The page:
CMF: Florida is a huge state, wildly diverse in its
landscape and peoples, so it’s difficult for me to make broad
comparisons. I do think, however, that some states do a better job
recognizing and supporting its writers. On the plus side, The Florida
Center for The Book is an extremely important resource. The Florida
Humanities Council does an immense job of educating Floridians about
Florida writers. Their summer Florida reading issue of FORUM is a
wonderful contribution. And I hope the regional book fairs continue to
grow and flourish. Part of the challenge, I suppose, is the dichotomy
that exists between North and South Florida and that willful cliché
that South Florida is Cuba and North Florida is Georgia. If we continue
to view the state as two independent entities sharing an uneasy border
with Disney World, how will we ever properly recognize and celebrate
the diverse writers who call this place home? We may have disparate
parts that form an imperfect union, but we are forever bound by history
ET: What are your five favorite Florida-based
attractions and/or events (restaurants, museums, theme parks, beaches,
bed and breakfasts, manatee tours, dolphin cruises)? Have any of these
five places or events influenced your writing in any way?
CMF: I love uncrowded spots . . . that’s why I stay
home a lot. Although, I have to say, nothing tops the Sopchoppy Worm
Grunting Festival. And, oh yes, the Alligator Farm’s swamp in the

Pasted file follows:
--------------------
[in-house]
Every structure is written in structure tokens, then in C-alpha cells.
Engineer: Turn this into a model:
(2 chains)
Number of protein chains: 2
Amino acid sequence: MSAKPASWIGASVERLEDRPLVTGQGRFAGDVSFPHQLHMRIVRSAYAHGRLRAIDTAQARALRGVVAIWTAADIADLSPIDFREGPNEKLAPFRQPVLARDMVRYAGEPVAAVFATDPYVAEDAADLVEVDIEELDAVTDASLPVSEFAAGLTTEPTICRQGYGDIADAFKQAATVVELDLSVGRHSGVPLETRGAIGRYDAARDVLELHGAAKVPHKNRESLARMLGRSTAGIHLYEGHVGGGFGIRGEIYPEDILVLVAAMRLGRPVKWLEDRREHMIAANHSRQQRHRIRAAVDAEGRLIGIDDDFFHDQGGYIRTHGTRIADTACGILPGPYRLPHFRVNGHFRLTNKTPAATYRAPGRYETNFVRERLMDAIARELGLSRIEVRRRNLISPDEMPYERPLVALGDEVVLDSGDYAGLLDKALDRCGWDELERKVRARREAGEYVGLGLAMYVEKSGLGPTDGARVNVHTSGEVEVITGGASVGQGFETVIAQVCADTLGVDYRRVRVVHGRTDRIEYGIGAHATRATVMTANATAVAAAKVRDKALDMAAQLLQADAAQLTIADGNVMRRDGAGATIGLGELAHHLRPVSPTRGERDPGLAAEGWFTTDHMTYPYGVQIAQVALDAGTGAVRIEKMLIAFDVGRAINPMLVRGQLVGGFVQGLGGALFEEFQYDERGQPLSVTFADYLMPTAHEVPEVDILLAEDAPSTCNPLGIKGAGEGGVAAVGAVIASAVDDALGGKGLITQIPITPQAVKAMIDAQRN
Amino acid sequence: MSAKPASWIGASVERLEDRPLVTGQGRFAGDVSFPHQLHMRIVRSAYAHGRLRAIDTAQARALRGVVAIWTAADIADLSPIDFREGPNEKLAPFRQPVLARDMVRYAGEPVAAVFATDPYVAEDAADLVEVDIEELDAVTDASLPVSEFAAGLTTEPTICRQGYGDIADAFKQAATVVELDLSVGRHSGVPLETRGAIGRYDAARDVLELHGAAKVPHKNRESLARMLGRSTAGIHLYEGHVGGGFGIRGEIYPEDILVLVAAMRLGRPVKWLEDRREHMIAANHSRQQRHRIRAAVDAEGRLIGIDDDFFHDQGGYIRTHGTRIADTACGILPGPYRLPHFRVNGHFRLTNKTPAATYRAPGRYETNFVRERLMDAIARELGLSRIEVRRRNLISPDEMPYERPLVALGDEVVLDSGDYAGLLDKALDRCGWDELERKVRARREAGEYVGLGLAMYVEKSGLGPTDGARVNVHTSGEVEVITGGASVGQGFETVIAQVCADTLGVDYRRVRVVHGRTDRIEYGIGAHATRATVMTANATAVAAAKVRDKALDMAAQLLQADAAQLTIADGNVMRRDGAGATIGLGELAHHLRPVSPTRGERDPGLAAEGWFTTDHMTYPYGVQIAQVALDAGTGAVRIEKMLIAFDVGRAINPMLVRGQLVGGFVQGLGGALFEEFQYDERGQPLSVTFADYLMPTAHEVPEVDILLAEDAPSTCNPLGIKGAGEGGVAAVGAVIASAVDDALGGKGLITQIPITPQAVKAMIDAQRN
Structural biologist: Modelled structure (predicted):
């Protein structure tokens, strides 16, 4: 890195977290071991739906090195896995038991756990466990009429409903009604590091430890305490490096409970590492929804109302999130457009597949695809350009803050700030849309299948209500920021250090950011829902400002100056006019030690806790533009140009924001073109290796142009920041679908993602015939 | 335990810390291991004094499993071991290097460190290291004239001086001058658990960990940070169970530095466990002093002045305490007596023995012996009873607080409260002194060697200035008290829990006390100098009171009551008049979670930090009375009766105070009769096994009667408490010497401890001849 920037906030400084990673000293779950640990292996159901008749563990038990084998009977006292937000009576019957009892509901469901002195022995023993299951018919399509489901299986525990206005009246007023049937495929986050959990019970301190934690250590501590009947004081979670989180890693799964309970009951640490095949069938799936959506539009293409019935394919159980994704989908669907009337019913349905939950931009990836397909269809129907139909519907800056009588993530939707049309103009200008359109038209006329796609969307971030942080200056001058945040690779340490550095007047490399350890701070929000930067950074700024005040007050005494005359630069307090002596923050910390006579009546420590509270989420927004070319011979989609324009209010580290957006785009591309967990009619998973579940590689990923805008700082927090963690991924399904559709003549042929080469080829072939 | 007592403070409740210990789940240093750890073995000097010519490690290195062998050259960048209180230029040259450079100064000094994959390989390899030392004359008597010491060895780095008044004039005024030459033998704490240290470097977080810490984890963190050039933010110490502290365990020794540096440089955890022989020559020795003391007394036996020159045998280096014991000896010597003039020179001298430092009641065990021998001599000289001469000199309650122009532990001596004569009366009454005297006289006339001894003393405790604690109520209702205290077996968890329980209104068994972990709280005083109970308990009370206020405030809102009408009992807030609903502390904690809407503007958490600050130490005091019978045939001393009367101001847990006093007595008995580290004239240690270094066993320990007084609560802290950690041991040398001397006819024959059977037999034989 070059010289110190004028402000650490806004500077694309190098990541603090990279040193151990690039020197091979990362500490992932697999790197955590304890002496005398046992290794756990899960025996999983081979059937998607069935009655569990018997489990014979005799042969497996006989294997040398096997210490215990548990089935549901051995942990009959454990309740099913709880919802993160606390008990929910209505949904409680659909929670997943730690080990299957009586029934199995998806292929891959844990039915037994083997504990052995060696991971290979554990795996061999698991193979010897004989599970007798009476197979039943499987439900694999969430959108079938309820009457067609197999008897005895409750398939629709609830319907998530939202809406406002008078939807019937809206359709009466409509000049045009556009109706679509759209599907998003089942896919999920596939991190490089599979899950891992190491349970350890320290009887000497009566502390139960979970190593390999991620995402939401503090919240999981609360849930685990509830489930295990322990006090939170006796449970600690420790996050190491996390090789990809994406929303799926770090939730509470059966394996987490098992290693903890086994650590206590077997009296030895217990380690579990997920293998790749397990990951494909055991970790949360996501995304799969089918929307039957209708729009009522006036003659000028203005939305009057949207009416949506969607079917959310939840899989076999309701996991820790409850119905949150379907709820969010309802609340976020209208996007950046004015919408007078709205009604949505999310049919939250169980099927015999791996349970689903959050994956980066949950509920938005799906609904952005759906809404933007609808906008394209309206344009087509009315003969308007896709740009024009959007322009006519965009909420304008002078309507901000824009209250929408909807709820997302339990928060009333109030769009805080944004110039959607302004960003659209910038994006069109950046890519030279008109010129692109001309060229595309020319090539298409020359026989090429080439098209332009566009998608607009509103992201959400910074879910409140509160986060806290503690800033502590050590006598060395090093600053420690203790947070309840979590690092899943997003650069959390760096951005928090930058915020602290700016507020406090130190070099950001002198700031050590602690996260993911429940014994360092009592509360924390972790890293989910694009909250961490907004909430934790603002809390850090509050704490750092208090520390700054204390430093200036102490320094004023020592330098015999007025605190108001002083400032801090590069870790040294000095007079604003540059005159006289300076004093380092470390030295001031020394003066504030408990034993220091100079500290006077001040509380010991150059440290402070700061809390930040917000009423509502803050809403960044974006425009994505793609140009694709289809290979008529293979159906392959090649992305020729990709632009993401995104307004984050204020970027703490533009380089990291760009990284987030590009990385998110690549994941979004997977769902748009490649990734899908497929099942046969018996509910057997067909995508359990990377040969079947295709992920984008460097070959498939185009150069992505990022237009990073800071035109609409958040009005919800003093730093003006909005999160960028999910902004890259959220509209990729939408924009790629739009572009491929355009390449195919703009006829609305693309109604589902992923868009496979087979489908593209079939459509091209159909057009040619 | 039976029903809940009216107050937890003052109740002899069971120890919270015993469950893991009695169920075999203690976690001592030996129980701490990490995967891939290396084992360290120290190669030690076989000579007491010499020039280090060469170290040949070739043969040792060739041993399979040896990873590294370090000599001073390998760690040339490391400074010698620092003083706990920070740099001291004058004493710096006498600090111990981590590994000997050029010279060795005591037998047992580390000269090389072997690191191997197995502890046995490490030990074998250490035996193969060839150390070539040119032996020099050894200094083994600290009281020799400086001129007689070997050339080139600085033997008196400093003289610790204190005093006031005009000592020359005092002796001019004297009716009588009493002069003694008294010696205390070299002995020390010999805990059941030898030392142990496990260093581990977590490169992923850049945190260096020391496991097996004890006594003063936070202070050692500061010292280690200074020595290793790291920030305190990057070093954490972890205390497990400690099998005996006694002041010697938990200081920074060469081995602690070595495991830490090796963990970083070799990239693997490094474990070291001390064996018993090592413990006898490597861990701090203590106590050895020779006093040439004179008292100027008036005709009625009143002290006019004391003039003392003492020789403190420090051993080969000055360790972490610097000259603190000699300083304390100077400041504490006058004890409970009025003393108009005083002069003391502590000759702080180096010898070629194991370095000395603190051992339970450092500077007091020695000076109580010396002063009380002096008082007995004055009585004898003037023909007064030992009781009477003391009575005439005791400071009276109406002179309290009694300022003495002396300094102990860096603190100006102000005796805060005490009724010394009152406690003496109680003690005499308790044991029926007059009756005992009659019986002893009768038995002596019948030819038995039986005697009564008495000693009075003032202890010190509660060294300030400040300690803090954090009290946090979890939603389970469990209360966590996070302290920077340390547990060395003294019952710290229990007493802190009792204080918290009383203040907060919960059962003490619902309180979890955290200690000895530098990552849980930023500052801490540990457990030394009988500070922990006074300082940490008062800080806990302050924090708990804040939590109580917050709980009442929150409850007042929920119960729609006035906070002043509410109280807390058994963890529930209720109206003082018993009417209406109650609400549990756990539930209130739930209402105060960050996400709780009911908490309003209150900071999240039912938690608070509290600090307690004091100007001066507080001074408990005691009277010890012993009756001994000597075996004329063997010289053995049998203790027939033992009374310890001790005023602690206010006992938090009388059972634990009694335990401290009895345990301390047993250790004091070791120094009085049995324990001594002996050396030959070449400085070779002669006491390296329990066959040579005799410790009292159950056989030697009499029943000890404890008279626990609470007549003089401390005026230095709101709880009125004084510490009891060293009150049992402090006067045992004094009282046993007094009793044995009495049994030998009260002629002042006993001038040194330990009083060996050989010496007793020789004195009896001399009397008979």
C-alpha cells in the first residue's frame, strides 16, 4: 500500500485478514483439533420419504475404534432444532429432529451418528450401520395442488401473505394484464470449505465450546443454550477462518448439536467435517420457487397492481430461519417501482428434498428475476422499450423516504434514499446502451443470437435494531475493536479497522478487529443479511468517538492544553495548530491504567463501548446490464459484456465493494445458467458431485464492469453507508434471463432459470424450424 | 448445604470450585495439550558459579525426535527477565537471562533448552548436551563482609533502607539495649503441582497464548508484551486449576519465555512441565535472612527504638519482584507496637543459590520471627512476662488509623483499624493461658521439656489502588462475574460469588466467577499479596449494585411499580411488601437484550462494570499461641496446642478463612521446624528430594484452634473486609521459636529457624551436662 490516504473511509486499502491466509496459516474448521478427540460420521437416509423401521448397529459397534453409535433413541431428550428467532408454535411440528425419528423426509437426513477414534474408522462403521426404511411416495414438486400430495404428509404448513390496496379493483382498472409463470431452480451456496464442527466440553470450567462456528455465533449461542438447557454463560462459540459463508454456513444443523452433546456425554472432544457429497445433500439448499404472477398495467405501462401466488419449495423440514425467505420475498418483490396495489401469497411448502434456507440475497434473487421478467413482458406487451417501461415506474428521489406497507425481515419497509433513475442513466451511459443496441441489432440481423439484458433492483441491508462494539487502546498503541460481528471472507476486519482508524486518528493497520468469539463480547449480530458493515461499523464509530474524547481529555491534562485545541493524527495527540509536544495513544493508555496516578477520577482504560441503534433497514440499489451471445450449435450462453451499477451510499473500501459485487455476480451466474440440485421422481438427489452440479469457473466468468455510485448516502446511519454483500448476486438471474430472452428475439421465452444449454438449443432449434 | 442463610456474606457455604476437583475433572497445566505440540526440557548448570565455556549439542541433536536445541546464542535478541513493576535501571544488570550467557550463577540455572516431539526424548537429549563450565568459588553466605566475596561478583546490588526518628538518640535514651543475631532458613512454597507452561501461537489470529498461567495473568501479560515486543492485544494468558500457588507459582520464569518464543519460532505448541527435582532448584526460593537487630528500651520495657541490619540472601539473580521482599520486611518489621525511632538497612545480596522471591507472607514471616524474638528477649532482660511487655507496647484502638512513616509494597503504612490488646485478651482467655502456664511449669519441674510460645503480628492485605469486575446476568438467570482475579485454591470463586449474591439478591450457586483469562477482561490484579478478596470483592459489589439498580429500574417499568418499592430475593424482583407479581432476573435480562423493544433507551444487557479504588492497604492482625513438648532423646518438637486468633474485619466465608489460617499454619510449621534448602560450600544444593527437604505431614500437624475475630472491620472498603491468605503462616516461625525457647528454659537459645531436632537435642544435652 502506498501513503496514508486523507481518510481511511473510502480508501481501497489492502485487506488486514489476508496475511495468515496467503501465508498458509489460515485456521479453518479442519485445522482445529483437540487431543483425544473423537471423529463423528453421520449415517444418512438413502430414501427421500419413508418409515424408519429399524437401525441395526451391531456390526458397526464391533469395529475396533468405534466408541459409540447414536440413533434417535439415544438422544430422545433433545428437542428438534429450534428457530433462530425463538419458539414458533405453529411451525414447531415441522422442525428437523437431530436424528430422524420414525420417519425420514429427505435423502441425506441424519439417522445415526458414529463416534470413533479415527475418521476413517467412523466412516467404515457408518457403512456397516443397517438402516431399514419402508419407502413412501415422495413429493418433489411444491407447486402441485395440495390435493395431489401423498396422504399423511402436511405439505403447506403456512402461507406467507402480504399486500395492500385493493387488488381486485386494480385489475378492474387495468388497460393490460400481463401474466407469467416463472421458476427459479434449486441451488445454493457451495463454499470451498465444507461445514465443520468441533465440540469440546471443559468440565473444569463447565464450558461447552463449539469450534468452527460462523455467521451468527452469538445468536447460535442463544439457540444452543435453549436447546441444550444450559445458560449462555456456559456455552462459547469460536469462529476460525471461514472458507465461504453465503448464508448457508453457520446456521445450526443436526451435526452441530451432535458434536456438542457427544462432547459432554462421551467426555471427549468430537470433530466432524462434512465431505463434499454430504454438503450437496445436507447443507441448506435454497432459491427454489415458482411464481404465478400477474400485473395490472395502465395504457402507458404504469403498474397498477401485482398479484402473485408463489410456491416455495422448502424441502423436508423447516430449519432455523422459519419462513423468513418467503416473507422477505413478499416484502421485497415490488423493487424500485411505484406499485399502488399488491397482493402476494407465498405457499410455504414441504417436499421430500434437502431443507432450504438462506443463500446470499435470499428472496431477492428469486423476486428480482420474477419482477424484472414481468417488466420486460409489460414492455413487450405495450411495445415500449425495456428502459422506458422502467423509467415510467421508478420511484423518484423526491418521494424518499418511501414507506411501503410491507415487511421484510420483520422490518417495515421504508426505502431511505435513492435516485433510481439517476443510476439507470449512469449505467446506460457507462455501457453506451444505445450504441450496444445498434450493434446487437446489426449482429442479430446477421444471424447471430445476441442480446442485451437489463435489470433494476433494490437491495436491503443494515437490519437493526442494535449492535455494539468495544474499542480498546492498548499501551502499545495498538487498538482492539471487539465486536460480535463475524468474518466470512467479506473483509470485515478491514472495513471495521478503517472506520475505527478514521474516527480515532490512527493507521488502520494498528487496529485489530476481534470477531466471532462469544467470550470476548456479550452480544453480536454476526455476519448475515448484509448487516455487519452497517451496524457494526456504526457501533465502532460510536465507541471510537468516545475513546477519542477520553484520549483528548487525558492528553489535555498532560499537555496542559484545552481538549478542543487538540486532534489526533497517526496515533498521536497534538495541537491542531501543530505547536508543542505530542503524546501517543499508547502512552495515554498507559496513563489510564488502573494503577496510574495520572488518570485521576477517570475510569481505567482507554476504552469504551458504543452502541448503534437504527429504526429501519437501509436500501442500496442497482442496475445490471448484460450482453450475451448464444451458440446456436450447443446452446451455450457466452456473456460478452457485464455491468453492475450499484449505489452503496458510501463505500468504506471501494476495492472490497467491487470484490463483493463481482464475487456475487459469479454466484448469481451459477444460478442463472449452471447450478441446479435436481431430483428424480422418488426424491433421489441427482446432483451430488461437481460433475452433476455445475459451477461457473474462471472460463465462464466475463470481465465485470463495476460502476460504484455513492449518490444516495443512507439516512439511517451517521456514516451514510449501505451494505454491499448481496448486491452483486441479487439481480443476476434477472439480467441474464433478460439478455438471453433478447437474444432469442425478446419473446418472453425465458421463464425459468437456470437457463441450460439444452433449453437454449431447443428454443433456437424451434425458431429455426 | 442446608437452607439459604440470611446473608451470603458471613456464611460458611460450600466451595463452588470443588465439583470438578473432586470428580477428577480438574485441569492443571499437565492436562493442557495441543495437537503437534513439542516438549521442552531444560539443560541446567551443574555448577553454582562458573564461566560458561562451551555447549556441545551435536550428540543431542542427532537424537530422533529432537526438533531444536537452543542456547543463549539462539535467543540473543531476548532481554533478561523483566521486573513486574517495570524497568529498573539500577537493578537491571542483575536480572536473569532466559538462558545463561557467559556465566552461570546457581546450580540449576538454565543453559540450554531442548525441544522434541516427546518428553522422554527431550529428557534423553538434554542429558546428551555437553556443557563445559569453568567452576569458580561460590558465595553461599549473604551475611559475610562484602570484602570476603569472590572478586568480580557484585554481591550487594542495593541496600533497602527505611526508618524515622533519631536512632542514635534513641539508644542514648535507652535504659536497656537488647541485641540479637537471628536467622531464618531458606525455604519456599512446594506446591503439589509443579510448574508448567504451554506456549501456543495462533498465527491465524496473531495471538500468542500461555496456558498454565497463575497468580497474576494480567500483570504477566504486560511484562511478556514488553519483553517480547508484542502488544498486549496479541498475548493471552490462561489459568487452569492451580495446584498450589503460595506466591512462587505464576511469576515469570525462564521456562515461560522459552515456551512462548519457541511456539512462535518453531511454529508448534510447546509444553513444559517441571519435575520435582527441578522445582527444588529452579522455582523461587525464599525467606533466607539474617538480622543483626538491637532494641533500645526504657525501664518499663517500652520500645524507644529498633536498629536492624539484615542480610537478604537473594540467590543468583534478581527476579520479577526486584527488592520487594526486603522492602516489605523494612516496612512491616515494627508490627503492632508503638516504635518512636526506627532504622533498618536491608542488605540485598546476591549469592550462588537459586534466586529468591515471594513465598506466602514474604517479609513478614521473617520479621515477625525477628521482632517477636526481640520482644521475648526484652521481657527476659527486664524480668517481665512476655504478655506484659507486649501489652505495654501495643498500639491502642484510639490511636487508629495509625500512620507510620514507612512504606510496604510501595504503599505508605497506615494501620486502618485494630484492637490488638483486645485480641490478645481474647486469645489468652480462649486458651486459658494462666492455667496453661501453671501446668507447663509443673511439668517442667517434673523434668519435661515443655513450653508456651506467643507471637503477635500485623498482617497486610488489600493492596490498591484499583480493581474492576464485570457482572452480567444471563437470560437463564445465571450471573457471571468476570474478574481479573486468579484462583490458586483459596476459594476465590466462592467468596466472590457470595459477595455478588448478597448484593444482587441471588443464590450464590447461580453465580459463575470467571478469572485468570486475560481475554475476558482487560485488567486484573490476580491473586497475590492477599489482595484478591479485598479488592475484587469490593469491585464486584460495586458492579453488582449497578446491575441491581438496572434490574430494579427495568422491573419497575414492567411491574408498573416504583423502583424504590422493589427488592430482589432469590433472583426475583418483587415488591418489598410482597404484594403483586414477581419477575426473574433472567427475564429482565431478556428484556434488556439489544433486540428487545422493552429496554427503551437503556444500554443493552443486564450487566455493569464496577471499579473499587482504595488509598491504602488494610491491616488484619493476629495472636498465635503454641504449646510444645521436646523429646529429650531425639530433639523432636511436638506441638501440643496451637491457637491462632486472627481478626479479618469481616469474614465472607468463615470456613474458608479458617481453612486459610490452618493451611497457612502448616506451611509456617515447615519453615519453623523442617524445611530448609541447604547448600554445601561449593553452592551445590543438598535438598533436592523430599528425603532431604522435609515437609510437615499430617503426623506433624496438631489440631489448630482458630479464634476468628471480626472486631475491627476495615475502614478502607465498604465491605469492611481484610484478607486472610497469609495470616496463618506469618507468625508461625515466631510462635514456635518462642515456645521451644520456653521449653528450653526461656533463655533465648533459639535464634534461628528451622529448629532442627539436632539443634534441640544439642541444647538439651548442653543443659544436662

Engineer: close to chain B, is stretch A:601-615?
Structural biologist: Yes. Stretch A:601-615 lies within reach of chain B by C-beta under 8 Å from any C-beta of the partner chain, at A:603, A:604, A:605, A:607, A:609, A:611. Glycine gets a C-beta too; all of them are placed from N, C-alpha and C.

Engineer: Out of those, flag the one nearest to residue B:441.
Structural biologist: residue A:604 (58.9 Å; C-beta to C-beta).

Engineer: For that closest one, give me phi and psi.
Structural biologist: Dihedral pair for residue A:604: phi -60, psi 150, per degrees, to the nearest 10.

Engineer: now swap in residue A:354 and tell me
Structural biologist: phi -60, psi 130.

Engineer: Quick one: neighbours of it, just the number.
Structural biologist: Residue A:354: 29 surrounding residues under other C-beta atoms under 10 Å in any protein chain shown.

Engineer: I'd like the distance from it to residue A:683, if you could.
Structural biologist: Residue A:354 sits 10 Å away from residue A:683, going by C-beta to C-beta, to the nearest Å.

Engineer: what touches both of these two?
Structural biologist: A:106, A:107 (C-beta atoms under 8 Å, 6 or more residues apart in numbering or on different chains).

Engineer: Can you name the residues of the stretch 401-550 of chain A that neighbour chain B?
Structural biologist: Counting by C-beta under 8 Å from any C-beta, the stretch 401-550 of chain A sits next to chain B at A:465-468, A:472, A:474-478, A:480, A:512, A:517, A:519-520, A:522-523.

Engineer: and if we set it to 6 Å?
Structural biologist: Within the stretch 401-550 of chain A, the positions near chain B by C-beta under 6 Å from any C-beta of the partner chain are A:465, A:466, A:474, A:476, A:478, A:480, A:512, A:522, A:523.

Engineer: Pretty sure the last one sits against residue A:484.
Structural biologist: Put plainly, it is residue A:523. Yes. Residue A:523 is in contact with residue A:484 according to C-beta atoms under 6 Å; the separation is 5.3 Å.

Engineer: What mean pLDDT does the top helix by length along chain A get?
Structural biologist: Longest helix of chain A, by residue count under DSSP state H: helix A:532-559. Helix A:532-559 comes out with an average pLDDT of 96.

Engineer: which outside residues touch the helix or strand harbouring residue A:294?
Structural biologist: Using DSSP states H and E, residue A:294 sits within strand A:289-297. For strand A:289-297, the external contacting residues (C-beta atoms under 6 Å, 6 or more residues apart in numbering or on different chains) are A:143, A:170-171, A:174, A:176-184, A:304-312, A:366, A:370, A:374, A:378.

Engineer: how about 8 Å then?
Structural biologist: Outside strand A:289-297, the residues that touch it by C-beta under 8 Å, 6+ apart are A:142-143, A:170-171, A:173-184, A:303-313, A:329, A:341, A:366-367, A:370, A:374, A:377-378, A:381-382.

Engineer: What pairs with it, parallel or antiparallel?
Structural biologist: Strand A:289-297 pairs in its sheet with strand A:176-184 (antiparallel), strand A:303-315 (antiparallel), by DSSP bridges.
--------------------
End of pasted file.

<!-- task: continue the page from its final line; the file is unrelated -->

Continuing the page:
springtime—it’s an extraordinary place to watch nesting and hatching
egrets, herons, anhingas and more. Let’s see . . . then there’s Wakulla
Springs and St. Marks and the ‘glades. We have amazing rivers and a few
barrier islands not yet paved over. Payne’s Prairie and the savannahs
south of Orlando are devoutly beautiful. I think that’s more than five,
but La Florida is rare and lovely and is the backbone of many of my
ET: Where is your new novel, How Clarissa Burden Learned to Fly, set? Why did you choose to set it there?
CMF: It is set in North Florida in, as I mentioned, a
fictional county. Tallahassee and Mashes Sands make cameo appearances
but I might write them out. I set the novel there because, quite
simply, the story demanded I do so. I thought it was going to take
place in Tampa but once I started writing, a mythological village named
Hope, Florida emerged.
ET: How do you write (where, when, for weeks at a time, in short bursts, etc.)?
CMF: It depends on whether I’m teaching or not. When
I’m teaching, I tend to be solely focused on my students. When I’m not
teaching, I live the life of a hermit and write daily, for as many
hours as I can bear it. There is truly something insane and terrifying
about the process. But it’s exhilarating, as well. I work at home, in
my studio, and spend much of the time staring into space, mumbling,
replete in my tattered pajamas and tangled hair. Oh, yes, writers are
so damned sexy.
ET: What advice do you have for beginning writers?
CMF: Read, read, read. Keep your butt in the chair and
do the hard work. Read your work aloud: You must develop an ear and an
eye for the language. Revise, revise, revise, revise. Read some more.
ET: How do you think a beginning writer can get Florida (as a setting) just right?
CMF: The same way an established writer does: Immerse Thyself.